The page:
“I have had a most rare vision.” This line, spoken by Bottom at the beginning of Act 4 of Shakespeare’s A Midsummer Night’s Dream, goes a long way in describing the experience of viewing the Bridge Theatre’s production of the famous play. Rare because I’ve never before seen Puck crowd-surf; a vision because the whole theatre seemed to transform into a forest in which fairies dangled from the trees, imbuing the space with the feeling of real magic occurring.
Nicholas Hytner’s production of A Midsummer Night’s Dream landed at the Bridge Theatre over the summer, and, like many other Londoners looking for an escape from the doom and gloom of the news, and the chance to be metres away from Gwendoline Christie, I bought a standing pit ticket. I came away from the performance completely elated and jumped at the chance to write a review of the National Theatre Live broadcast in October.
Most people will know the plot of Shakespeare’s play: two sets of young lovers escape to the forest, high jinks ensue thanks to meddling spirits and a domestic between the fairy king and queen, there’s a brief donkey-fairy love plot, and then all is conveniently mended. Hytner’s rescript, however, played around with the plot, making it Titania, rather than Oberon, who tells Puck (traditionally Oberon’s right-hand man) to sprinkle potions into eyes. This means it’s Oberon who falls in love with the donkey-eared Bottom, resulting in possibly the most joyful striptease ever performed, all to the soundtrack of ‘Love on Top’ by Beyoncé. There are other notable subversions: Gwendoline Christie plays both Hippolyta, Theseus’ caged spoil of war, and Titania, the liberated, mischievous fairy queen, and Oliver Chris is both Theseus and Oberon, shedding a suit for an embroidered emerald jacket and flower crown. These changes breathed fresh air into a production most of us have seen or studied – Hytner himself remarked that he wanted the production to feel like “a liberation, a release” – and the audiences, both at the Bridge in August and the Picturehouse in October, fully revelled in each twist and turn.
Of course, a processionary audience like the one I was lucky enough to be part of for the live production has no choice but to get involved. We were moved around the space, at one point parading behind the bed Oberon and Bottom were dancing on, holding hands with the other actors and shaking our hips to Beyoncé. I felt the same excitement from the Picturehouse audience, who gasped and whooped as Hytner’s vision came alive before them. It takes a really special production to elicit a similar reaction from an audience quite literally immersed in the play and one sat 200 miles away in a cinema, but Hytner’s aim to “plunge the audience right into it” was certainly achieved thanks to excellent performances by the cast and dancers and the breath-taking set.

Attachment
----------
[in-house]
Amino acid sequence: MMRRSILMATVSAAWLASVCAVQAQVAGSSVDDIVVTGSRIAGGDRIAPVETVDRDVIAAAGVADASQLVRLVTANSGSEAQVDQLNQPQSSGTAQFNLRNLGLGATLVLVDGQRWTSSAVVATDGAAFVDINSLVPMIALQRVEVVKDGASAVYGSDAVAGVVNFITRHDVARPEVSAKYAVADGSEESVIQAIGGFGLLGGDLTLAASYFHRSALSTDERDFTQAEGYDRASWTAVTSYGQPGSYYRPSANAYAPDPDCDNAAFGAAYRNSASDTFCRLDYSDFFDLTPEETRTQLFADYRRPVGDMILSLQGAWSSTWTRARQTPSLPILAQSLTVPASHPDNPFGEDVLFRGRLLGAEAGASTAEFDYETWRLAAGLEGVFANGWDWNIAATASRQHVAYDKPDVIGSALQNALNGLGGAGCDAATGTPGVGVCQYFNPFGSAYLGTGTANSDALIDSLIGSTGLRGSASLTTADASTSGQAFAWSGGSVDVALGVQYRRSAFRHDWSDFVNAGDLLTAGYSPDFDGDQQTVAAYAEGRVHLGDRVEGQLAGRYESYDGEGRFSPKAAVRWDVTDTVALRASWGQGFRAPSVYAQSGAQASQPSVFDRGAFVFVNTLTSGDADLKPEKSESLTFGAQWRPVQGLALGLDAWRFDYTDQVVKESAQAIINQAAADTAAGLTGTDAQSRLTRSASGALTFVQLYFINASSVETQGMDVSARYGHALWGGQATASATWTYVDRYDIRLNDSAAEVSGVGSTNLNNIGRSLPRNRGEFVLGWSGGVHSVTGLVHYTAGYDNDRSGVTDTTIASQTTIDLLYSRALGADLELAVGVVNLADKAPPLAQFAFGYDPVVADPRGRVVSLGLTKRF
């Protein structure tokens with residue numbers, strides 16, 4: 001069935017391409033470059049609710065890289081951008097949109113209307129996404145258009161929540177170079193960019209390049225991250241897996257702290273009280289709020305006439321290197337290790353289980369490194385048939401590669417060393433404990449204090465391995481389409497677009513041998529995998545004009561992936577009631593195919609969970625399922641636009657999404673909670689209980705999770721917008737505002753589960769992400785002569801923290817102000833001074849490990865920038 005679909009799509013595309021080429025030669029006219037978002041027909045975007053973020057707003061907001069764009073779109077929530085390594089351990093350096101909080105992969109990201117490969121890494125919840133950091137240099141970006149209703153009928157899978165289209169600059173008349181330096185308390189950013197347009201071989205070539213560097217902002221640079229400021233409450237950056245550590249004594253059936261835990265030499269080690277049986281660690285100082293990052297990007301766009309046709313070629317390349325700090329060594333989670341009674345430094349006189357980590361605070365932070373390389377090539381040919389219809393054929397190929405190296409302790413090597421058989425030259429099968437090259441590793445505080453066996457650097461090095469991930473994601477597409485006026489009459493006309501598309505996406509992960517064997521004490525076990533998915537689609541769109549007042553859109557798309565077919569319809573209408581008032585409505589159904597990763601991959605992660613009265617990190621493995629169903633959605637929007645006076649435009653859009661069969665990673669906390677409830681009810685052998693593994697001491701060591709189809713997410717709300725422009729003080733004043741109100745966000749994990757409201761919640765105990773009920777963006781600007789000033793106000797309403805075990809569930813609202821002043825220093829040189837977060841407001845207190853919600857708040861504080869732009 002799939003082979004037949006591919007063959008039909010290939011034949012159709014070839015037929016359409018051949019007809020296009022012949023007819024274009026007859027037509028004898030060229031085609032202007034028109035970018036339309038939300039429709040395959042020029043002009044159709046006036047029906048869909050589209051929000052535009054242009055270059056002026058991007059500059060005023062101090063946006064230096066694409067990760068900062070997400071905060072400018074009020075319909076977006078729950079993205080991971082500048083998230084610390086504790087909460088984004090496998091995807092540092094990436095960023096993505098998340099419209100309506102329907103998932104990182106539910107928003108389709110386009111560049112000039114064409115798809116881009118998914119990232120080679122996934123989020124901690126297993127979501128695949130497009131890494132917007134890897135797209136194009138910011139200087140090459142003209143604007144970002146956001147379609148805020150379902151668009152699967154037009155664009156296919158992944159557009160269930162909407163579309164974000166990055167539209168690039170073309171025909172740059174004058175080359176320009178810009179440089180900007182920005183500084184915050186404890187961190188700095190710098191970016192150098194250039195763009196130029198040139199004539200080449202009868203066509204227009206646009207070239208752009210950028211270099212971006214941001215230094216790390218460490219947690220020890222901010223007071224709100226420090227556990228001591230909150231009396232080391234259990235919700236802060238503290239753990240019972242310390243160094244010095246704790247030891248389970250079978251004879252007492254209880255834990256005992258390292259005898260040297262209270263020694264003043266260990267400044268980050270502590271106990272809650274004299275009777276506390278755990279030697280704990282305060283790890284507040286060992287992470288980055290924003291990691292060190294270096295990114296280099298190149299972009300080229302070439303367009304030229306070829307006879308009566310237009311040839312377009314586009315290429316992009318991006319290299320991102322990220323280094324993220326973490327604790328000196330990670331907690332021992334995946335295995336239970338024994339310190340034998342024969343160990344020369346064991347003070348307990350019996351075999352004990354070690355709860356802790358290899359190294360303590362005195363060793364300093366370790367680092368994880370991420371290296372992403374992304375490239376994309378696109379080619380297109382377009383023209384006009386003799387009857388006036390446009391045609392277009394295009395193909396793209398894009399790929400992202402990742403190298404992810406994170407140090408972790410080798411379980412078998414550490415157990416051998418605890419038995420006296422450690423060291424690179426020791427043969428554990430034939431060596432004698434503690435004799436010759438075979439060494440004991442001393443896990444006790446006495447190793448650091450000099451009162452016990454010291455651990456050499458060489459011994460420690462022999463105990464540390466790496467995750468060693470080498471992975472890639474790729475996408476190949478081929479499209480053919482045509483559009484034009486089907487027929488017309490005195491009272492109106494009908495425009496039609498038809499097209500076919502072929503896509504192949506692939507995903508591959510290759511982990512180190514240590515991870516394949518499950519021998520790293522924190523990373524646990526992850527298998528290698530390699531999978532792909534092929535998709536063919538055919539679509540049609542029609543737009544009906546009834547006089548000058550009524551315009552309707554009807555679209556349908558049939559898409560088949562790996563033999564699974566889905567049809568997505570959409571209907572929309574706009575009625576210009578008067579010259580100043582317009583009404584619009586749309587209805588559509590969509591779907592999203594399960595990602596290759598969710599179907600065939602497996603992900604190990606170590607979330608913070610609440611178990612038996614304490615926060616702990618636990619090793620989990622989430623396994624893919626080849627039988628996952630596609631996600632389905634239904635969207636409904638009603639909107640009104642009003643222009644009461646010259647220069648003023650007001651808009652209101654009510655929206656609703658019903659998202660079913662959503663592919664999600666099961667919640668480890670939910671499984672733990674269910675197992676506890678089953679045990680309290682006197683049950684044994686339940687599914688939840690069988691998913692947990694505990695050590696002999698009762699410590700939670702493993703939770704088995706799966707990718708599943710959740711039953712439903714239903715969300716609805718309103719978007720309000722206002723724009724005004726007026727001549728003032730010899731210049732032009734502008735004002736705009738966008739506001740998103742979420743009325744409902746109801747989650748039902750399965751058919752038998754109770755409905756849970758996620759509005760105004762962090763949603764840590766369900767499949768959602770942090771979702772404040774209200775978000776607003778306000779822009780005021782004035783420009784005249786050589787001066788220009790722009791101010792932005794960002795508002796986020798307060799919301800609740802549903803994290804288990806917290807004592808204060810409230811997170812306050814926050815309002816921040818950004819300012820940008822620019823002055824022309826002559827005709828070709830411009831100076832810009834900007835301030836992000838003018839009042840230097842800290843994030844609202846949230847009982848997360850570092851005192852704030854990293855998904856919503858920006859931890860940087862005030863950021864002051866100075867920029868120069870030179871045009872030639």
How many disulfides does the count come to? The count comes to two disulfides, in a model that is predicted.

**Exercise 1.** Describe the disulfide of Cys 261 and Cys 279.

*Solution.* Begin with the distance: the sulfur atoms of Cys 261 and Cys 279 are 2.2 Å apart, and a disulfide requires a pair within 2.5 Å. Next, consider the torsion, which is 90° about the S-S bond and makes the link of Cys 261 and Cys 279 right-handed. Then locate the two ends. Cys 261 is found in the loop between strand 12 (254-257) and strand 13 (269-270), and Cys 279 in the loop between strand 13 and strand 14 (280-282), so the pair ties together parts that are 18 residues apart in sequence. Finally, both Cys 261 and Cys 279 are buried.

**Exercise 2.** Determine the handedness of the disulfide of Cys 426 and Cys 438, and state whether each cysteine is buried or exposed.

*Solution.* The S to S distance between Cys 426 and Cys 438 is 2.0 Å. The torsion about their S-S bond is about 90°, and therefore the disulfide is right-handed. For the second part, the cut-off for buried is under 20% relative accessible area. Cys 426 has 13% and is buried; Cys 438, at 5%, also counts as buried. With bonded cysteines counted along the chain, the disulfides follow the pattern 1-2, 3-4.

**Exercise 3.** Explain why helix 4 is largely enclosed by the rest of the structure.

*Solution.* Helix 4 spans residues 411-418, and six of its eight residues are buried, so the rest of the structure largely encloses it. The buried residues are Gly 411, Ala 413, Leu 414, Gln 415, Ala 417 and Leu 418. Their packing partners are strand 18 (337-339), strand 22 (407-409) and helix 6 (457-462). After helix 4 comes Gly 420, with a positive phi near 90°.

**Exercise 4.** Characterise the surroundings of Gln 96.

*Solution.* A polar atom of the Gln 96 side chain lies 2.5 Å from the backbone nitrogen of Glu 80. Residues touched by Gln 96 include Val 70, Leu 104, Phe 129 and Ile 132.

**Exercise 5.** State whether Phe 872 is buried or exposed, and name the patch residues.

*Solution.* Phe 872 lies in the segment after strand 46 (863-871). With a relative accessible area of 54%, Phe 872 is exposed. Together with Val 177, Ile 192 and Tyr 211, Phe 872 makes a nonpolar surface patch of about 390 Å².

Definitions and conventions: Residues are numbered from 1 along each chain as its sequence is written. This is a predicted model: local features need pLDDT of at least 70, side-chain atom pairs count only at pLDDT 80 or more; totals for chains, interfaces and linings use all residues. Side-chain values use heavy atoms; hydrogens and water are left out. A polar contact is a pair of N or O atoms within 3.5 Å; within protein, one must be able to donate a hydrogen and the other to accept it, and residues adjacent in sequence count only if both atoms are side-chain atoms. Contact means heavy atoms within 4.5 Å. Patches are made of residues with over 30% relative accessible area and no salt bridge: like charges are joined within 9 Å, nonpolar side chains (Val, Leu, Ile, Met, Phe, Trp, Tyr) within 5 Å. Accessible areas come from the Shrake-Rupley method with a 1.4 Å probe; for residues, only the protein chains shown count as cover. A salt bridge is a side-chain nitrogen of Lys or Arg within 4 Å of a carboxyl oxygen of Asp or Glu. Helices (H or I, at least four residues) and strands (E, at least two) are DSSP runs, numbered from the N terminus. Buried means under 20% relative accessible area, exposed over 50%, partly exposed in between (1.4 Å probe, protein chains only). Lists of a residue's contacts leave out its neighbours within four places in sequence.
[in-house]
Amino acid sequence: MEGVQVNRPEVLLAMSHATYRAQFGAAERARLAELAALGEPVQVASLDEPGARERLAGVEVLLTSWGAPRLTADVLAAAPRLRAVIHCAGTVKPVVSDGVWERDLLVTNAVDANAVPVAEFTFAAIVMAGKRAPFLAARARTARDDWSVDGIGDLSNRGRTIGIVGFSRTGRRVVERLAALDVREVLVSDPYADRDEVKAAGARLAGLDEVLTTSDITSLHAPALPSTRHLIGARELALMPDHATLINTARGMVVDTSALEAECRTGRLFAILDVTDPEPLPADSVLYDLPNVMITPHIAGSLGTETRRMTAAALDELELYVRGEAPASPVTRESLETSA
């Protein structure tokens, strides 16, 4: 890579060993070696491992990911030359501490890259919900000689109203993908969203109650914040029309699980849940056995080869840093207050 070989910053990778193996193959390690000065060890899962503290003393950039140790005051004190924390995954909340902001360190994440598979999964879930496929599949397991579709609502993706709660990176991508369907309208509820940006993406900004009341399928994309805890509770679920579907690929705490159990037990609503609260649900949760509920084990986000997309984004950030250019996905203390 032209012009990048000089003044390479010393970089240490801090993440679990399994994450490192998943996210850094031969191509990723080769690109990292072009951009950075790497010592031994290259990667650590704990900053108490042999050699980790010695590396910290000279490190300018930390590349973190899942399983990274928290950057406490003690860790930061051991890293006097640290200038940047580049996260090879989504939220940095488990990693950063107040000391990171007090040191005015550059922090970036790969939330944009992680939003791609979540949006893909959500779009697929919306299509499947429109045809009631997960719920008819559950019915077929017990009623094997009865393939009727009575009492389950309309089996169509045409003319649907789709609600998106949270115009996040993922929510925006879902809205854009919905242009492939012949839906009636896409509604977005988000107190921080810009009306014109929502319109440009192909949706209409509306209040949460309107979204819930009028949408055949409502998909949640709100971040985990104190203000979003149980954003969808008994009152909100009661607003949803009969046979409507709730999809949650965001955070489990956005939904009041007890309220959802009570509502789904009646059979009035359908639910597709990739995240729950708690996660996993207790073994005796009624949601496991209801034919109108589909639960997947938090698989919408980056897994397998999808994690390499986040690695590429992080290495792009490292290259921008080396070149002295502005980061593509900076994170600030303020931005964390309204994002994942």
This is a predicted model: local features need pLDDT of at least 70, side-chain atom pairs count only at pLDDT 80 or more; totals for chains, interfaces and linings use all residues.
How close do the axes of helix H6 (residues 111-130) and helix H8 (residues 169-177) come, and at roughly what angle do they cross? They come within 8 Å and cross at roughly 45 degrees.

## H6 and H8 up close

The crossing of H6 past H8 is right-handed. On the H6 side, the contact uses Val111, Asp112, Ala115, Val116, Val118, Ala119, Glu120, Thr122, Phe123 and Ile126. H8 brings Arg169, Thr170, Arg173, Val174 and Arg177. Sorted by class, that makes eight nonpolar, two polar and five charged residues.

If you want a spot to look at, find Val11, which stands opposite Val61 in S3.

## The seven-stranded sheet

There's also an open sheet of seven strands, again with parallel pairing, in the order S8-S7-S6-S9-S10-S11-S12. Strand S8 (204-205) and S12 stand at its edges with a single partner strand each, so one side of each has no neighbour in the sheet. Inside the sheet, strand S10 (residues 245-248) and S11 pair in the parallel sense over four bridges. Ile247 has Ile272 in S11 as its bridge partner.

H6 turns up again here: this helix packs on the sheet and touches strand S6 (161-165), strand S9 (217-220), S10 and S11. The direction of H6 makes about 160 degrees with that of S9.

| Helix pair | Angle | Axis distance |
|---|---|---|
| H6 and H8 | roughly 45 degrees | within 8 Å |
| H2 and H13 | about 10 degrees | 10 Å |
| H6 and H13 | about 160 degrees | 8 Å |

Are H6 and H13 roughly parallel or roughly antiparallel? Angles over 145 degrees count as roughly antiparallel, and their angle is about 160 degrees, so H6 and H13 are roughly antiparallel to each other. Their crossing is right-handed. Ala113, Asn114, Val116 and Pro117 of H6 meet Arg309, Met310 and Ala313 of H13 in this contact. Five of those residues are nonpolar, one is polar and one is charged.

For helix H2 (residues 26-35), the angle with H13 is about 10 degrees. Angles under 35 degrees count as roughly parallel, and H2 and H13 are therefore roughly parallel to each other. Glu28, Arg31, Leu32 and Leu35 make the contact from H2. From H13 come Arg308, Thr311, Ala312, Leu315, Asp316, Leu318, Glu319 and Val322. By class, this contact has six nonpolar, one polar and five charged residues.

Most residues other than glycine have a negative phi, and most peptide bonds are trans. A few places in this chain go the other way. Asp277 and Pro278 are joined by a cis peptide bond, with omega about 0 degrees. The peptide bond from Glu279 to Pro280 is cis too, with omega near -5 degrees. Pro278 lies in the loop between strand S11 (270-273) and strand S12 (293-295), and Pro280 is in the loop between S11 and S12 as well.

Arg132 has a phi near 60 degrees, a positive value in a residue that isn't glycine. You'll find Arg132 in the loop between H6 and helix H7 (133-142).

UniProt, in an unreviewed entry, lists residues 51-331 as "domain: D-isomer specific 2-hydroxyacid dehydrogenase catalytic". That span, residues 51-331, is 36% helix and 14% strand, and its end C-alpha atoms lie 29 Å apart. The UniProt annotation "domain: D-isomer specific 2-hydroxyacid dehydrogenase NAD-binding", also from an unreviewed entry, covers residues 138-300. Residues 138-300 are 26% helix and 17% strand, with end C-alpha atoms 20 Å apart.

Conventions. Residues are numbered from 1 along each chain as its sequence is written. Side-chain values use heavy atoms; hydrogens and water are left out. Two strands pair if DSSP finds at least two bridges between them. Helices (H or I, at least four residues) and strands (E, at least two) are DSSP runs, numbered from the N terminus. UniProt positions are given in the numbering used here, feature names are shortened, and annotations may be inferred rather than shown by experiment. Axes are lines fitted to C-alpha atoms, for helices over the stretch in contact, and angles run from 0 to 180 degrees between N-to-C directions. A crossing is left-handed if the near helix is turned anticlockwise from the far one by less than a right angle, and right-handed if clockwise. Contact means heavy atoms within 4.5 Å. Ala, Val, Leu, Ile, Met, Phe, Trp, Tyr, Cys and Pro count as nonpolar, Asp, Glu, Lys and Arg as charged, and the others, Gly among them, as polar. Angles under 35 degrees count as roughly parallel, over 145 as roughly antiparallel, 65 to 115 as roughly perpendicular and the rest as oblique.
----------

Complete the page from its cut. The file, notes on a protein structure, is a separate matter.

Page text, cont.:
Gwendoline Christie’s performance was particularly striking – many will be used to seeing her play the battle-hardened Brienne of Tarth in Game of Thrones, but in this production, she swung from silk hammocks, gleefully meddled and danced with the audience. Her transition from the subjugated Hippolyta, encased in a glass box on the stage, to Titania, resplendent in a floor-sweeping sea-green dress and ready to enact revenge on her husband, was remarkable. It was brilliant to see a woman onstage being so mischievous and powerful in a way that the original script doesn’t allow for, and Christie carried this gift with infectious glee.
David Moorst was also stunning as Puck. The traditionally impish character was elevated to a rodent-like spirit, scratching at himself, casually dismissing the audience as “Londoners” in his trademark Northern drawl, and rolling around in silks suspended from the ceiling. Moorst learned how to ‘tumble’ in the three-month rehearsal period without any previous experience – shocking when you watch how he throws himself through the air, often just seconds away from dropping. Moorst’s Puck was perhaps the most modernised character in terms of vernacular, but this didn’t always work. It felt jarring hearing a Shakespearean character saying “LOL”, for example, but generally, this added a sense of fun and modernism to the piece. Hammed Animashaun was a triumphant Bottom, marching around the stage in a mustard boiler-suit, injecting low camp into a production already heaving with it. As the play’s chief humourist, Animashaun ran with the idea of operating in a playground – his death scene as Pyramus in the Mechanicals’ notorious play was the most relentlessly funny imagining of it I’ve ever encountered. The actors playing the young lovers clearly had fun embodying their characters’ immaturity – Lysander acts like any other young softboy, frequently pulling a guitar out, and just like a girl in a club bathroom might after an unsuccessful night, Helena struts around bemoaning her apparent inability to pull. Such performances reminded the audience just how fresh and relevant Shakespeare can be.
The production design greatly enhanced the performance’s magic. A playground of mattresses and silks, with fairies suspended mid-air and huge moon-balls bouncing around, teamed with the rich, dazzling colours of the costumes worn by the dream kingdom characters, completely engaged the audience, fulfilling Hytner’s wish that the production would be “ridiculous and glorious”. The transition from characters at the beginning of the play singing hymns in conservative suits and head-coverings, to the naissance of the forest with spirits in spandex and glitter, was beautiful and thrilling, and this energy carried through right until the show’s final dance.
It is impossible to accurately describe the joy this production fostered in its audiences, both live and remote. I came away both times compelled by the power of theatre, particularly when it is as immersive and fresh as this production was … “a most rare vision” indeed.
– Caitlin Barr